Thursday, April 09, 2015

What is the cure for this?

"So, why aren't toe nails on the bottom of our feet to protect them?" my son asks in the car, the vehicle of all serious and not so serious conversations.  He must think my name is Siri and frankly, I don't know what I did without the woman in years past.  I hand him the iPhone and tell him to Google "why do humans have toe nails?" because he didn't accept my answer that they were to protect our toes.  His search reveals that toe nails might be a leftover evolutionary feature that, like the appendix, has lost usefulness.  Obviously, Siri doesn't paint hers, for my next answer was that they are decorative.

Aside from being expected to name all the constellations and know the names of all birds at the bird feeder, I try to picture my mom when I was a child, playing basketball with me.  [pause]  Nope, doesn't come to me.  My mom did not play basketball.  My son, grant you he is the only one left at home, thinks this old woman, his mother, should play basketball with him.  We live in a fairly rural area, no kids outside, and I'm evidently his playmate.  If I don't, well, there is always the computer and he knows that seeing him in front of it makes me simultaneously angry and guilty.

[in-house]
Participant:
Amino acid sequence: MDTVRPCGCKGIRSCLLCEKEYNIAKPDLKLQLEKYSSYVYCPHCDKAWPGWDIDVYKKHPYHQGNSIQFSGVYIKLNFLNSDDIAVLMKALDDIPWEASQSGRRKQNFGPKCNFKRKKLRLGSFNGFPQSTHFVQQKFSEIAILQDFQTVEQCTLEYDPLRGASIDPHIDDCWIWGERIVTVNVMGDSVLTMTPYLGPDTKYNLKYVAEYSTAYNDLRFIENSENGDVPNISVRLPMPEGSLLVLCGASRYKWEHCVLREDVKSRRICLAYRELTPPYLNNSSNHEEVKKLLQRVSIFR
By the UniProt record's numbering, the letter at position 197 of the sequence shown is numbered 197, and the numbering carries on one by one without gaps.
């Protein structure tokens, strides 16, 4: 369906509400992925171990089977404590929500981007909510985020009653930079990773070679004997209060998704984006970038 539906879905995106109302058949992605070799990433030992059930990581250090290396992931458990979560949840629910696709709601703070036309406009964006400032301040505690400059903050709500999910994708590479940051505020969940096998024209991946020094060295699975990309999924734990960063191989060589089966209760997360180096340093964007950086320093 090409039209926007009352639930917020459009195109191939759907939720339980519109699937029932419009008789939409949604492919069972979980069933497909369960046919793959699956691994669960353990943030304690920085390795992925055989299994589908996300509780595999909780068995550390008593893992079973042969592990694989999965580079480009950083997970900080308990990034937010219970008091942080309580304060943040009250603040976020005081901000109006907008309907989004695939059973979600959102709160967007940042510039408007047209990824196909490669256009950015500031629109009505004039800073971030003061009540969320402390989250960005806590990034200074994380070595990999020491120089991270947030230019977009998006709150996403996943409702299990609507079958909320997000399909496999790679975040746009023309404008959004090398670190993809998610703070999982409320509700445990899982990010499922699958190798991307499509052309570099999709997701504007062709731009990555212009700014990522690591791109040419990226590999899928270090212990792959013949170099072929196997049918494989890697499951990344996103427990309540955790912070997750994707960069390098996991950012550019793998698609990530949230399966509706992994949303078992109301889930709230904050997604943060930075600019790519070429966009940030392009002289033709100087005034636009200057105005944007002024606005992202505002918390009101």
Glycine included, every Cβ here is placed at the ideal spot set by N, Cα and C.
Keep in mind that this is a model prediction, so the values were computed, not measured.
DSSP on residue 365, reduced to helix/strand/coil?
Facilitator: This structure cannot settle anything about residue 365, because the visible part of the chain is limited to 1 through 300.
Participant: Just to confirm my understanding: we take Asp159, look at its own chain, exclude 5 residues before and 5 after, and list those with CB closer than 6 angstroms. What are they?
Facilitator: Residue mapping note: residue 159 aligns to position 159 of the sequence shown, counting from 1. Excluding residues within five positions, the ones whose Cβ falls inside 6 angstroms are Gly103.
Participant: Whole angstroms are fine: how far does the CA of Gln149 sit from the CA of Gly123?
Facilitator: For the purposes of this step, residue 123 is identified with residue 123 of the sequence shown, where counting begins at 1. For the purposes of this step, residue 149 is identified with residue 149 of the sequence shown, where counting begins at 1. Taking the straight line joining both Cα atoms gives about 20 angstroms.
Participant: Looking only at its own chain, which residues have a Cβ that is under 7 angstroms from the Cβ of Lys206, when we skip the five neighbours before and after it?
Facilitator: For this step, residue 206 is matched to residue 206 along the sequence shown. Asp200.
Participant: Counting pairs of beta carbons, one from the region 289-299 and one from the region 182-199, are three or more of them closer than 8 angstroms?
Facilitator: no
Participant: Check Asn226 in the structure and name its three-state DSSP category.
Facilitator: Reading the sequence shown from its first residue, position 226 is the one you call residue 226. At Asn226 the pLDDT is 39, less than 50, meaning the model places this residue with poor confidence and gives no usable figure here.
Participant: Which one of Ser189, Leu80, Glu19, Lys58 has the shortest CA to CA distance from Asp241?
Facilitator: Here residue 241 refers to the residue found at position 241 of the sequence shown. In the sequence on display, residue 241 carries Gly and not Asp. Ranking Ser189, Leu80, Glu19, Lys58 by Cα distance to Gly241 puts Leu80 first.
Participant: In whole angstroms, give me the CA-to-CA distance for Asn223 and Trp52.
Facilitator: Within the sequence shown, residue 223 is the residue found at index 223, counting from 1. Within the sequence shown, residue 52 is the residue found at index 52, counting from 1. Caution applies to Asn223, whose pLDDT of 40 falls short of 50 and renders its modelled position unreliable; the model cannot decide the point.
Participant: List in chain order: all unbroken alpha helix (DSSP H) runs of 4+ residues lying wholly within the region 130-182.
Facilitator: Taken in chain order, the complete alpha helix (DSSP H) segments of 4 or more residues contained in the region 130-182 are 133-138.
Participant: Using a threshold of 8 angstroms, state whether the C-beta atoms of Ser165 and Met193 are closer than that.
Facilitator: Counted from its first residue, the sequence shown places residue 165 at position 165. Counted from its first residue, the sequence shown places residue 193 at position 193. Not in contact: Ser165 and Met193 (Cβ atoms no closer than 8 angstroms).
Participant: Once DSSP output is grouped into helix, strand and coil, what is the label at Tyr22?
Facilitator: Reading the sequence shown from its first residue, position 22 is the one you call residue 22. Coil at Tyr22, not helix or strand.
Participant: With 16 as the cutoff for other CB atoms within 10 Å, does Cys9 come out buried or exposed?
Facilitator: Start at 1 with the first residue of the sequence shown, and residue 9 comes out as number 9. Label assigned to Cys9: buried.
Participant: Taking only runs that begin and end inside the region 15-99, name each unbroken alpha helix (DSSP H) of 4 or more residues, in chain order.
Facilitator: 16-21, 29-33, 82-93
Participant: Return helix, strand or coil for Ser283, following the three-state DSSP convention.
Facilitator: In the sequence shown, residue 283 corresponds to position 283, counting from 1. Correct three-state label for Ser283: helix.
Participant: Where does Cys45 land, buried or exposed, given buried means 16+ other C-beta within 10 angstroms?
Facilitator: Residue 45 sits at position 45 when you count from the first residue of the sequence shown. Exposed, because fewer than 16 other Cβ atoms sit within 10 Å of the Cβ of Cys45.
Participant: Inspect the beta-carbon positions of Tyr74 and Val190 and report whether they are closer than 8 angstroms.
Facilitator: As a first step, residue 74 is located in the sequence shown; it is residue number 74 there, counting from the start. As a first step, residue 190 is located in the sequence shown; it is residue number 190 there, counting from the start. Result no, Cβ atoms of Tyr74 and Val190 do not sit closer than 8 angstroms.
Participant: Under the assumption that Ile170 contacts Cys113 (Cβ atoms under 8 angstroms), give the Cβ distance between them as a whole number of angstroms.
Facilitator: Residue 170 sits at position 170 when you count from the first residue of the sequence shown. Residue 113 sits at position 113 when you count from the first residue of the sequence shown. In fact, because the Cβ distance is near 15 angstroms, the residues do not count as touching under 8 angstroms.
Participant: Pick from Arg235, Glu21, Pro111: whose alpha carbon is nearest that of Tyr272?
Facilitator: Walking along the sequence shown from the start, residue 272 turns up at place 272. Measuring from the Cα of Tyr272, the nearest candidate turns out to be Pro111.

These roles I'm expected to play these days, it is interesting because I come from a different universe.  For example, when you were being raised, if asked to describe herself or what she "did", what did your mom say?  Mine would have said "housewife".  She was an excellent mom, don't misunderstand, but roles were a bit different.  A housewife ran the house, and children didn't have the same roles that I see today.  A woman or man staying home today to raise children are called stay-at-home moms or dads, not housewives or househusbands.  I'd never thought of it before until I heard a podcast on Fresh Air with the author of All Joy and No Fun, Jennifer Senior.  She writes about the interesting things that are happening in our culture as it relates to "the paradox of modern parenthood".

Our children, they are the focus these days.  It has become even more vivid for me now that I became William's pancreas and at-home endocrinologist after his Type 1 Diabetes diagnosis in 2013.   I read a lot, searching Siri and books for answers.  Unfortunately for those with Type 1, Siri doesn't have an answer.

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